Oh, and I almost forgot. I also need to know if there’s any advantage to using textures of float4 as opposed to a texture that is 4 times larger but consists of floats. And same question for global arrays.
Of course. Although writes are only guaranteed to be fully flushed out after a kernel call completes. In particular, you cannot write to a memory location and expect to have another thread read it from a bound texture in the same kernel call.
Binding a texture takes less time than the overhead of launching a kernel.
Yes, it can be worth it, depending on your memory access pattern.
With textures, float4 is a clear win over just reading floats. With global memory, the difference is only a few percent.
I’d like to jump in here and ask a tangental question…
been reading about texture memory, but purely from a number cruncher’s perspective, not from the graphics programming angle. But the more I read, the more curious I am about how textures are applied in graphics at this low-level. (I understand the concepts of textures generally, but would like to understand better how they work mathematically.)
Is it just interpolation and, say, mulitplication affecting a value’s sample in a greater waveform (e.g. a surface element) … or much more complex as in FFT / convolution?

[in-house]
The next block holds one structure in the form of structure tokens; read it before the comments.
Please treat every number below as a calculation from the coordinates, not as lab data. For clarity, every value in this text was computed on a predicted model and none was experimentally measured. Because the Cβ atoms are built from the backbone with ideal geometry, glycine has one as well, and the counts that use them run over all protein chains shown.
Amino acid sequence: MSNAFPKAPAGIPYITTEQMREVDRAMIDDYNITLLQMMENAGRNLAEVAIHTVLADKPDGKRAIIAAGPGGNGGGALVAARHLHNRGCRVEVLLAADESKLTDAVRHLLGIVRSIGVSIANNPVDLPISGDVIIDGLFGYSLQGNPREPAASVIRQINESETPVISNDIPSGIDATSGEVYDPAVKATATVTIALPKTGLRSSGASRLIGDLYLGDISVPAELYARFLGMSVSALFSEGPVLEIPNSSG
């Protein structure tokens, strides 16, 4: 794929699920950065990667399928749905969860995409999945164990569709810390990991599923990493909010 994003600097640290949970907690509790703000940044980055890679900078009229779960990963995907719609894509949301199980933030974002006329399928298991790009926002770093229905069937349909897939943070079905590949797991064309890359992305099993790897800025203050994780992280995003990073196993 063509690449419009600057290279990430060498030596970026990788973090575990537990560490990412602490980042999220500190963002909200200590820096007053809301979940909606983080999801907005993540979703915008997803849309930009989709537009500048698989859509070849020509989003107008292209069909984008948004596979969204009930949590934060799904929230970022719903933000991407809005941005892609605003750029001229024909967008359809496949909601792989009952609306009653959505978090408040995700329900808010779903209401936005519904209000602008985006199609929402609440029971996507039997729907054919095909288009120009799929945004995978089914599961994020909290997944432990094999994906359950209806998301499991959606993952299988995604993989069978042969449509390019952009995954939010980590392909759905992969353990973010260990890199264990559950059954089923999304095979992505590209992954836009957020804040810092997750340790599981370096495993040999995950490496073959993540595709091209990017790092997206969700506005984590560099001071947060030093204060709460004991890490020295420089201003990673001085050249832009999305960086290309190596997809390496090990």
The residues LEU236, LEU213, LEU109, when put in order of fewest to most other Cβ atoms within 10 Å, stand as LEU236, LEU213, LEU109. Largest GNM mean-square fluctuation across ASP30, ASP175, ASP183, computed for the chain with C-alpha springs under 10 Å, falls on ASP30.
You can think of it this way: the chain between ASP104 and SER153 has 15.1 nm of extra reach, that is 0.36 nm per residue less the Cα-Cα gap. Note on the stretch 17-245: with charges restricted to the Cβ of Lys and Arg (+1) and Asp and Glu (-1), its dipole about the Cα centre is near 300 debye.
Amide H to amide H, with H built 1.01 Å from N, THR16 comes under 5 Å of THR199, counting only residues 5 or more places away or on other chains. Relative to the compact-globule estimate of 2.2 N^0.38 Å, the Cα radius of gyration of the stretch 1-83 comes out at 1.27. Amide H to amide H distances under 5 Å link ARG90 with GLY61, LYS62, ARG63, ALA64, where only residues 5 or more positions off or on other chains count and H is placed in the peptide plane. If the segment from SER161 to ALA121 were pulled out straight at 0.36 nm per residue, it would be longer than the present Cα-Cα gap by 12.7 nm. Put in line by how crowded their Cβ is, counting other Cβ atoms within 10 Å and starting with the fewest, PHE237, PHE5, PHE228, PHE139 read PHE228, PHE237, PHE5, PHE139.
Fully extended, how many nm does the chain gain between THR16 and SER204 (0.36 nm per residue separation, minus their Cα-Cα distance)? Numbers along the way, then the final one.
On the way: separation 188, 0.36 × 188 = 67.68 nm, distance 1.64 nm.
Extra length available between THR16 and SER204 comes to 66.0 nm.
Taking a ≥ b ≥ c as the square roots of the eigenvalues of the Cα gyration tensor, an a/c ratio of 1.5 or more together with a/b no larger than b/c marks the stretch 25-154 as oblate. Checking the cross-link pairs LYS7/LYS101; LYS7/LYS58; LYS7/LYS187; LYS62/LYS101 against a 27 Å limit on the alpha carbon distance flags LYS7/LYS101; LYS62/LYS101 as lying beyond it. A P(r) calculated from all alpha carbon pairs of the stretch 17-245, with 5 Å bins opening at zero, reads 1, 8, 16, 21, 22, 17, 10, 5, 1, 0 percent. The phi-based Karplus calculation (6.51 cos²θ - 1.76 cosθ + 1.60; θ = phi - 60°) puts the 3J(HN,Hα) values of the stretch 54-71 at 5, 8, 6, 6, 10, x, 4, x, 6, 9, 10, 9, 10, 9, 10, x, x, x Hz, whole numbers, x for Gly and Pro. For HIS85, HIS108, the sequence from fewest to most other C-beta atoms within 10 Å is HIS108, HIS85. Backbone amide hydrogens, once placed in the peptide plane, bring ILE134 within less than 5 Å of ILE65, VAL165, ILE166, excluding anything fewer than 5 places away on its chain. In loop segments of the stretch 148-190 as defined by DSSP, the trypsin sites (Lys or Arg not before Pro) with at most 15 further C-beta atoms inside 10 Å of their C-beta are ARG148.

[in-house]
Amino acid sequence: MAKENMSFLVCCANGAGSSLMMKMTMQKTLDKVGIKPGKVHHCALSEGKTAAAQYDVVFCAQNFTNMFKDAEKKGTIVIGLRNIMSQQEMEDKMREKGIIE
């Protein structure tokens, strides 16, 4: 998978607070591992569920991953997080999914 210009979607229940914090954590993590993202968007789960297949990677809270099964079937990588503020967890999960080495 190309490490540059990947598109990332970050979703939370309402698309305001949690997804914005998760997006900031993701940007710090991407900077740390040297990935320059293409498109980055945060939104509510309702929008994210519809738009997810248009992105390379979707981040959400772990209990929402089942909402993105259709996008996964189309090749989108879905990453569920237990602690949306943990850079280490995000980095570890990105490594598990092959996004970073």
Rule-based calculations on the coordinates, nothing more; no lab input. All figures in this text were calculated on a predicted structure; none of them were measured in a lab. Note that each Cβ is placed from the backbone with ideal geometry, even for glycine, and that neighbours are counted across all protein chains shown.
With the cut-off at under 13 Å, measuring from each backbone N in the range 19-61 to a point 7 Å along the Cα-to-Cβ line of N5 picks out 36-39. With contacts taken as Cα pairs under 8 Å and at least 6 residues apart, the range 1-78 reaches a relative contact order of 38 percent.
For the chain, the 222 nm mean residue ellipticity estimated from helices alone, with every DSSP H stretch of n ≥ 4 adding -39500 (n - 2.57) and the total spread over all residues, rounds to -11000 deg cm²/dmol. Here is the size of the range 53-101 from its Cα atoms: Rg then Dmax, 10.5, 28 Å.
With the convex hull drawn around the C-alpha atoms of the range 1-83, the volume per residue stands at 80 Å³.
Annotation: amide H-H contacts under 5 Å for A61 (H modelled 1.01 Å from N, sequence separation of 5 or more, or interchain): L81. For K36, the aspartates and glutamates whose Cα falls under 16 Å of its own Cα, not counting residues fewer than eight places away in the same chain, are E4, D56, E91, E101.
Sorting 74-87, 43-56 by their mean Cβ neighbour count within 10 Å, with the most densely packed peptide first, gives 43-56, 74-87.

I googled the topic - and got somewhat overwhelming results - lots of people are doing graphics these days :blink:
A link to a good primer that deals specifically with the GPU’s texturing techniques - at this nitty gritty thread level - would be wonderful…
From a computational perspective you can think of textures simply as 2D tables with interpolation.
In graphics, texture maps were originally used simply to apply images to surfaces (modulating the surface color), but these days they are used for a wide variety of other effects (bump maps, shadows, image processing etc.), and the hardware includes support for different texture types (such as cube maps) and advanced features like anisotropic filtering.